One extremely young volcano (0.05-1 Ma) and other young volcanoes (1.8, 4.2, 6.0, and 8.5 Ma) composed of strongly alkaline magma were recently discovered on the abyssal plain of the Early Cretaceous (135 Ma) Pacific Plate. These volcanoes were dubbed "petit-spots". The petit-spot volcanic province represents more than 8 Myr of activity over a large area (∼600 km along the direction of plate motion), but with a relatively small volume of magma production, thus indicating a small supply of heat inconsistent with a hotspot. The low-flux petit-spot volcanoes may be related to the occurrence of a tensional field of lithosphere caused by plate flexure, with the ascending melt derived from a mantle source susceptible to partial melting. Rock samples from the young volcanoes are highly vesicular (up to 60%) despite high hydrostatic pressures at 6000 m water depth, indicating volatile-rich magmas. The depleted heavy rare earth elements and high radiometric isotopic ratios of noble gases indicate the magma was derived from upper mantle. Nevertheless, the low 143Nd/144Nd, high 87Sr/86Sr, low 206Pb/204Pb, and low 207Pb/204Pb ratios are similar to enriched or fertile compositions such as oceanic island basalts. These apparently conflicting data are explained by the extremely small degree of partial melting of recycled materials in the degassing mantle of the asthenosphere, probably with carbonate in the source. The petit-spot volcanoes, therefore, provide a unique window into the nature of the oceanic plate and underlying asthenosphere prior to subduction.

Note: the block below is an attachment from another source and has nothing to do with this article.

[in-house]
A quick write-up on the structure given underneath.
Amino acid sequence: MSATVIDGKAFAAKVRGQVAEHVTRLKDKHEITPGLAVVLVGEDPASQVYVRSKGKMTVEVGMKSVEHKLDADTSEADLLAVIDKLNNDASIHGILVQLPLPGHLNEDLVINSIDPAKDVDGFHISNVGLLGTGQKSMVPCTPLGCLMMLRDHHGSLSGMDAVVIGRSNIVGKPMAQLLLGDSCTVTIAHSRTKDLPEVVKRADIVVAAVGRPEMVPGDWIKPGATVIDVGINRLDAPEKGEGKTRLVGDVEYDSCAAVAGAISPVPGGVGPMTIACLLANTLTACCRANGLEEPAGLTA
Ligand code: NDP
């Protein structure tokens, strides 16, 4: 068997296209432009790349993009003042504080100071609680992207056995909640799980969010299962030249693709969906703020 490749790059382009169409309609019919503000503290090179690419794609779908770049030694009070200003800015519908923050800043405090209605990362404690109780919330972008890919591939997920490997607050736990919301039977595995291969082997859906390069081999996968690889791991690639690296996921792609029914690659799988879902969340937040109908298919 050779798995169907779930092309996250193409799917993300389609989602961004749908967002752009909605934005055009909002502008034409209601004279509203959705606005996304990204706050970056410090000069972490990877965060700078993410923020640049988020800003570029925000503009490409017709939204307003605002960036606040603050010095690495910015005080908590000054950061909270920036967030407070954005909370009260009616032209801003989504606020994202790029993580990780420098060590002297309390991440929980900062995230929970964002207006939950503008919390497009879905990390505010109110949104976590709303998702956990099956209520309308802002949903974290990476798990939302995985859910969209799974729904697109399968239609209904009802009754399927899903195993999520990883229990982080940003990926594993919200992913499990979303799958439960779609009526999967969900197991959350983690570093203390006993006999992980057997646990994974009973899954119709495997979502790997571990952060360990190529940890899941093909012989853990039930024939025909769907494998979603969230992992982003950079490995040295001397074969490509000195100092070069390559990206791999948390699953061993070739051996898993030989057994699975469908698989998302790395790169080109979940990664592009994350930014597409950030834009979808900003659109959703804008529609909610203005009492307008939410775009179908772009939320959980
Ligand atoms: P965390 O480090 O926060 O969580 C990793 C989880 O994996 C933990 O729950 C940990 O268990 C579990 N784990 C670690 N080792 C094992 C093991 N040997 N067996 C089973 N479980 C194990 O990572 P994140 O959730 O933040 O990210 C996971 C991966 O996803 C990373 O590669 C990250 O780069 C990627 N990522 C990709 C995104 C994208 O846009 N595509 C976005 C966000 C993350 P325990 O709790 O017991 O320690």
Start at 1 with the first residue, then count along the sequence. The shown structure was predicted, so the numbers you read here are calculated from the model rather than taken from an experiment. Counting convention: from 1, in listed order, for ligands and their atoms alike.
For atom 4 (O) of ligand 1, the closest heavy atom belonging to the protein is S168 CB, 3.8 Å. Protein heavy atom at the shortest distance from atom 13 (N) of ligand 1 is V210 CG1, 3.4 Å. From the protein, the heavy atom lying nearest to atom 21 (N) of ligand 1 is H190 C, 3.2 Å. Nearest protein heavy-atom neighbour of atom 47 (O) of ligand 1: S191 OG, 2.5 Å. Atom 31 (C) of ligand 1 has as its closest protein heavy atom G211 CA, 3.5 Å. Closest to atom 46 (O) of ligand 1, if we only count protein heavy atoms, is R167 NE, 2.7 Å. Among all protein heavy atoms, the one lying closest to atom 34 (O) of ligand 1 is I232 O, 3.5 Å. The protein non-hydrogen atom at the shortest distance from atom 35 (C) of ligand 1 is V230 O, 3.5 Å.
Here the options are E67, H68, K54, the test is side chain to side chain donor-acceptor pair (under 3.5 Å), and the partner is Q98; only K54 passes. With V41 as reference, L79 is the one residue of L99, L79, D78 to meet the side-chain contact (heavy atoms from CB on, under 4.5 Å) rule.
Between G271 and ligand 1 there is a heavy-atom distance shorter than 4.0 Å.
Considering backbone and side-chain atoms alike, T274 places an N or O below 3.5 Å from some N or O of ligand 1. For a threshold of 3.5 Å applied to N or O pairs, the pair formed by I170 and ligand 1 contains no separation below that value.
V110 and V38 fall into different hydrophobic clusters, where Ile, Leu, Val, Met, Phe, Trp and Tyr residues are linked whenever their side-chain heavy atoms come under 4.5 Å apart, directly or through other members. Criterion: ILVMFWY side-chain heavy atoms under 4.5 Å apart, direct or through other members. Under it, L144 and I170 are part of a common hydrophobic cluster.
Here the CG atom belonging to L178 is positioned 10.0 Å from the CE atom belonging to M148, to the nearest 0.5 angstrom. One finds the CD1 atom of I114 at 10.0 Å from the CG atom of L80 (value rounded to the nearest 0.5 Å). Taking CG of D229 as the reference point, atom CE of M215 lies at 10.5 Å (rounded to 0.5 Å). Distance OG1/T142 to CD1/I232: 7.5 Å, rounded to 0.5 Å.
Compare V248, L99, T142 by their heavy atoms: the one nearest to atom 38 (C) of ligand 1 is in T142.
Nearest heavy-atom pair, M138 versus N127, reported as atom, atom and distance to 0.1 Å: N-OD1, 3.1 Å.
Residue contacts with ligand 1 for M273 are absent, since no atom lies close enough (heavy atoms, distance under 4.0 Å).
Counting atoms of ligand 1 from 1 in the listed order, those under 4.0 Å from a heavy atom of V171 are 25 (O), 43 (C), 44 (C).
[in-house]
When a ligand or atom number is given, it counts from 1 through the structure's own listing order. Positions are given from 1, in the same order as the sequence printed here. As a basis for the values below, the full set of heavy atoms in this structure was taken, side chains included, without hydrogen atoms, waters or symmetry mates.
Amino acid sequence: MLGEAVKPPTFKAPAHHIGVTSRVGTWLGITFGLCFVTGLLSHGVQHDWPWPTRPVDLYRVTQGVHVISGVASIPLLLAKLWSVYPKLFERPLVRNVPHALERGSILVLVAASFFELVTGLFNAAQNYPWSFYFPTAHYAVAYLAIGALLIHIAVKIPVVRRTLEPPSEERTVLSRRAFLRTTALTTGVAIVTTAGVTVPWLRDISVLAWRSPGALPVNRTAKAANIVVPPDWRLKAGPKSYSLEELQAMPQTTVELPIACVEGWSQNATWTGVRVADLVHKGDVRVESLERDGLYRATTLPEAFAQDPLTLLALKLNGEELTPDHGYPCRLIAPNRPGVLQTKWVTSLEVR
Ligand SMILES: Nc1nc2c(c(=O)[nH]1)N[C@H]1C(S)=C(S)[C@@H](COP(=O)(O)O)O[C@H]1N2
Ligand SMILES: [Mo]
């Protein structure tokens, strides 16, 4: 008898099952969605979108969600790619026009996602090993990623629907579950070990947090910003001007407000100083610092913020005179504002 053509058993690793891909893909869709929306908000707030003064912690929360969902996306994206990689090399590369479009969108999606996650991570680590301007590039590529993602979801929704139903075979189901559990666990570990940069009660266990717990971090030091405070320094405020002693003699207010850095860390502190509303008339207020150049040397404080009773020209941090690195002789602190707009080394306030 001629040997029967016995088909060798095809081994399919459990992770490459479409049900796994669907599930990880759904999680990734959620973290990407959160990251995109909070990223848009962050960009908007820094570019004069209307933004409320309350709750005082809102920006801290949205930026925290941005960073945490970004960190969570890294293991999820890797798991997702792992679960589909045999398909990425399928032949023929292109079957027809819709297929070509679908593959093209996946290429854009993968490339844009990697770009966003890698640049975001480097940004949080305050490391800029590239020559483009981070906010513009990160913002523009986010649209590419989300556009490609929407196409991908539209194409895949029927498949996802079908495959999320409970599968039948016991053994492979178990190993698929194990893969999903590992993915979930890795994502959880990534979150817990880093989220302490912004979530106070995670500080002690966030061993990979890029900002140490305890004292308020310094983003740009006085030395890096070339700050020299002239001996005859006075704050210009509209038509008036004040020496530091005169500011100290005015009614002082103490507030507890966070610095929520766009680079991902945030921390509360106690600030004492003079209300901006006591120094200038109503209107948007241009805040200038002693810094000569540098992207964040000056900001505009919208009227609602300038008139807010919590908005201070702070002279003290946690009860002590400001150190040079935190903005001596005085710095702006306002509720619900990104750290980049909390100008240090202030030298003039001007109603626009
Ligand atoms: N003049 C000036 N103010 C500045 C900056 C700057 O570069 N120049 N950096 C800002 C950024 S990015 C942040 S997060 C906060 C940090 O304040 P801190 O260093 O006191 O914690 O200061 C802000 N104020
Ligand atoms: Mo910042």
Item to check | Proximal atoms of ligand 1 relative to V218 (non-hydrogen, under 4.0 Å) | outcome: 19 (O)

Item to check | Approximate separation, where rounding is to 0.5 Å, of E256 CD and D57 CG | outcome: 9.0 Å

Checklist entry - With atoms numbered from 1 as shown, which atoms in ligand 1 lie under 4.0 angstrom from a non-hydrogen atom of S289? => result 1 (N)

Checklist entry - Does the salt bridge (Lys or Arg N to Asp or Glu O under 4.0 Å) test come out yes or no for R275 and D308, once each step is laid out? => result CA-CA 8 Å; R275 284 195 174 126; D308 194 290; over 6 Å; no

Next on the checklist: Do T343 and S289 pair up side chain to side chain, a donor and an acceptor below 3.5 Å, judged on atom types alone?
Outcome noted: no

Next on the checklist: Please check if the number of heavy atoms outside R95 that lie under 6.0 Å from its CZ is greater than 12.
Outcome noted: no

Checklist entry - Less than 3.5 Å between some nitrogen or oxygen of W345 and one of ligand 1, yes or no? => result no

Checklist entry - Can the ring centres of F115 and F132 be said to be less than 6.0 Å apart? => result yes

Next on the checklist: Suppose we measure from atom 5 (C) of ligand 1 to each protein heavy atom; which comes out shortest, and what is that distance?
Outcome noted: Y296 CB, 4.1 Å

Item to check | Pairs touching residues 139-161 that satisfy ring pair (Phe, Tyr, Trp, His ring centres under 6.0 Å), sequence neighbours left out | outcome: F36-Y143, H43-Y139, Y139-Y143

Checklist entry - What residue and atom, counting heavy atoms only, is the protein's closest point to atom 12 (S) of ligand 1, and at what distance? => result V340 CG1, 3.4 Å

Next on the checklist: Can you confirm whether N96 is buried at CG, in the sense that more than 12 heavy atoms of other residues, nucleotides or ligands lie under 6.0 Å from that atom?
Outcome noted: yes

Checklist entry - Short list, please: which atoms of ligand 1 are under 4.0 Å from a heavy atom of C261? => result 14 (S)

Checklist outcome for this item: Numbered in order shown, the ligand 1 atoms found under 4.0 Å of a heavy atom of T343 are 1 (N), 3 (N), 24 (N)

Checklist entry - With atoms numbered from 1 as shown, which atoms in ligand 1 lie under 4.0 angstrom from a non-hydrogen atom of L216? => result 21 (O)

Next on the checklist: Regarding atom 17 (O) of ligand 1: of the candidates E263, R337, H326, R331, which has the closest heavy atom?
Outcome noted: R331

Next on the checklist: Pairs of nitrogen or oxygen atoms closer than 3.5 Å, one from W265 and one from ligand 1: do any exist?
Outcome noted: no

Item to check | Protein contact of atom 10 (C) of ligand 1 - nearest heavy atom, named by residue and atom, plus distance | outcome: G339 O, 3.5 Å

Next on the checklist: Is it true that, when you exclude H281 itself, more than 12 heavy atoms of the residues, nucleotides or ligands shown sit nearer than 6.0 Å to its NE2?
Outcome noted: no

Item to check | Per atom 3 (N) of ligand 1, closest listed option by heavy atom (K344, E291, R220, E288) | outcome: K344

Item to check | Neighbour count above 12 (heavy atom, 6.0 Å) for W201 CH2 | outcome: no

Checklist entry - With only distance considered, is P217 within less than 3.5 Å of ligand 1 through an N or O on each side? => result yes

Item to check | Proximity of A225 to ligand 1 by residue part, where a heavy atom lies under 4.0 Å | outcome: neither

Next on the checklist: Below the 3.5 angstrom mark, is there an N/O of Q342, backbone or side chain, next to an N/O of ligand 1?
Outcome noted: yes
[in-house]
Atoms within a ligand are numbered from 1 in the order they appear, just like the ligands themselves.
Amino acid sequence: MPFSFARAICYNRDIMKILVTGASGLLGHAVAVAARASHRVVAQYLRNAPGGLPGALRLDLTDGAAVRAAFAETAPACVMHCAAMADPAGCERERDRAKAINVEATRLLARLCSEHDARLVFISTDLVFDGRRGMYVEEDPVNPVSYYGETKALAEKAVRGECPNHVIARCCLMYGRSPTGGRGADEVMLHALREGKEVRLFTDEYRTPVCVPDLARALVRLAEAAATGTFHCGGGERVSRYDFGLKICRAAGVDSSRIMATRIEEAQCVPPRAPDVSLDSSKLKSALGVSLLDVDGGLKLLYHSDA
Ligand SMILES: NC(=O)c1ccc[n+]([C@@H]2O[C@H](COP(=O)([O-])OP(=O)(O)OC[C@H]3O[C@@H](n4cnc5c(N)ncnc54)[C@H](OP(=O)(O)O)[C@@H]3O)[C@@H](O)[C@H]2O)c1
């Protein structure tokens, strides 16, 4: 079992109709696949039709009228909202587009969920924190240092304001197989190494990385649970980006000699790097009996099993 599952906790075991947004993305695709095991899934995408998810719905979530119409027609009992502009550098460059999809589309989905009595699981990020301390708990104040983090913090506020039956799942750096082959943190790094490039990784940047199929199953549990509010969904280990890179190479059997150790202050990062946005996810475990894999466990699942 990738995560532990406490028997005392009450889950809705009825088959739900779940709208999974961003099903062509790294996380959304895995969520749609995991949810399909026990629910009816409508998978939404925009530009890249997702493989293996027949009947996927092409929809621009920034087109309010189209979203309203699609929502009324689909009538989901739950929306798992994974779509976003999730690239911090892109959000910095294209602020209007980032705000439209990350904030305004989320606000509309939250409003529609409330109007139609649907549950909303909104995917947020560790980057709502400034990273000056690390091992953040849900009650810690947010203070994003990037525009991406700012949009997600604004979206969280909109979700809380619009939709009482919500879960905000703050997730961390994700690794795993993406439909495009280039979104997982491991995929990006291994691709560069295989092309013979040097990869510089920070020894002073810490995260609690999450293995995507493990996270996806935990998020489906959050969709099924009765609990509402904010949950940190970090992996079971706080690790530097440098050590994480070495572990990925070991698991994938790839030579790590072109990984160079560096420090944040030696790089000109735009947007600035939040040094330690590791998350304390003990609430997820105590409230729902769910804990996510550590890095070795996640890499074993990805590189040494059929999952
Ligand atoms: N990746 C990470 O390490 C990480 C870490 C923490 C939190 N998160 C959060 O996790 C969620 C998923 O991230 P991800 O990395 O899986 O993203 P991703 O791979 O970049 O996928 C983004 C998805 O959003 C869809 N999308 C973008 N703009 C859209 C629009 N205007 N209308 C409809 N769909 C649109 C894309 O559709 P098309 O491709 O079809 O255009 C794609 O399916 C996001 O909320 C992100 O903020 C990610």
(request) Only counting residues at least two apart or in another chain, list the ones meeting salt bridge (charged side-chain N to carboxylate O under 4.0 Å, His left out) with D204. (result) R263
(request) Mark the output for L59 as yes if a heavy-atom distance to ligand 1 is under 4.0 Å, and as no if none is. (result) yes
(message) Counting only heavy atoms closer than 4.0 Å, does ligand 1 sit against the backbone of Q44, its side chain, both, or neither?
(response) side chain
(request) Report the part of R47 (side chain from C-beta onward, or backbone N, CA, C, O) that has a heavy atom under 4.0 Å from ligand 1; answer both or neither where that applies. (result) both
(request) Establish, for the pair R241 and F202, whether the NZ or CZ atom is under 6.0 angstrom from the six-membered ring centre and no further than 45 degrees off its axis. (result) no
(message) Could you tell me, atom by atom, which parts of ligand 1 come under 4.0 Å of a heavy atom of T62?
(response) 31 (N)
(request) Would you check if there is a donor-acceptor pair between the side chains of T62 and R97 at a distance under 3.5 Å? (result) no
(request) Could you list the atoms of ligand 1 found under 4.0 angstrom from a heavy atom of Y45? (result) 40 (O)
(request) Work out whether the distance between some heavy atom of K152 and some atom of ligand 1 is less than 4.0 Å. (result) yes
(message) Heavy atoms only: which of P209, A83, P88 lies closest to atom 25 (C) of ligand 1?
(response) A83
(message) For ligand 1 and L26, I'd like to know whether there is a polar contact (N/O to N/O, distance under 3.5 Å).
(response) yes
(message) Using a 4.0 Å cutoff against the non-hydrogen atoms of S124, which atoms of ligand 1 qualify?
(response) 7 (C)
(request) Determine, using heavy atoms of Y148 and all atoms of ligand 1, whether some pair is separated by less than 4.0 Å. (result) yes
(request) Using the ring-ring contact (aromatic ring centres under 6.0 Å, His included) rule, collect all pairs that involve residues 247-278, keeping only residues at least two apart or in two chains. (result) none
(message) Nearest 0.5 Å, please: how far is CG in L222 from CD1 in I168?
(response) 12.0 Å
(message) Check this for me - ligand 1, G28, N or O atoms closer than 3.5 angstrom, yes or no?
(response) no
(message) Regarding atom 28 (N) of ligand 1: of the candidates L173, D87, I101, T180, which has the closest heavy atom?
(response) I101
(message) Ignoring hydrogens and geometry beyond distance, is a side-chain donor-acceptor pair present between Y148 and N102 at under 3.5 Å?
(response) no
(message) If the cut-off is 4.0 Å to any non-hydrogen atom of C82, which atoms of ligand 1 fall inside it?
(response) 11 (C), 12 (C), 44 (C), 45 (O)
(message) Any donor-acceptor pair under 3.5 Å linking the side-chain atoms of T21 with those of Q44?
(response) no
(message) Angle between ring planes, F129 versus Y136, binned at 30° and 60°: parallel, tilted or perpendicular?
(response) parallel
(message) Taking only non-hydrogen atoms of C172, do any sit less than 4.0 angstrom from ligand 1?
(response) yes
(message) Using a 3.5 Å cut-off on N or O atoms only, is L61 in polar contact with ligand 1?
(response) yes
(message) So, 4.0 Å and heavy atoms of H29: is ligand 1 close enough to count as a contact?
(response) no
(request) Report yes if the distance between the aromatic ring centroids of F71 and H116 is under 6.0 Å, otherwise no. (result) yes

- Pacific Plate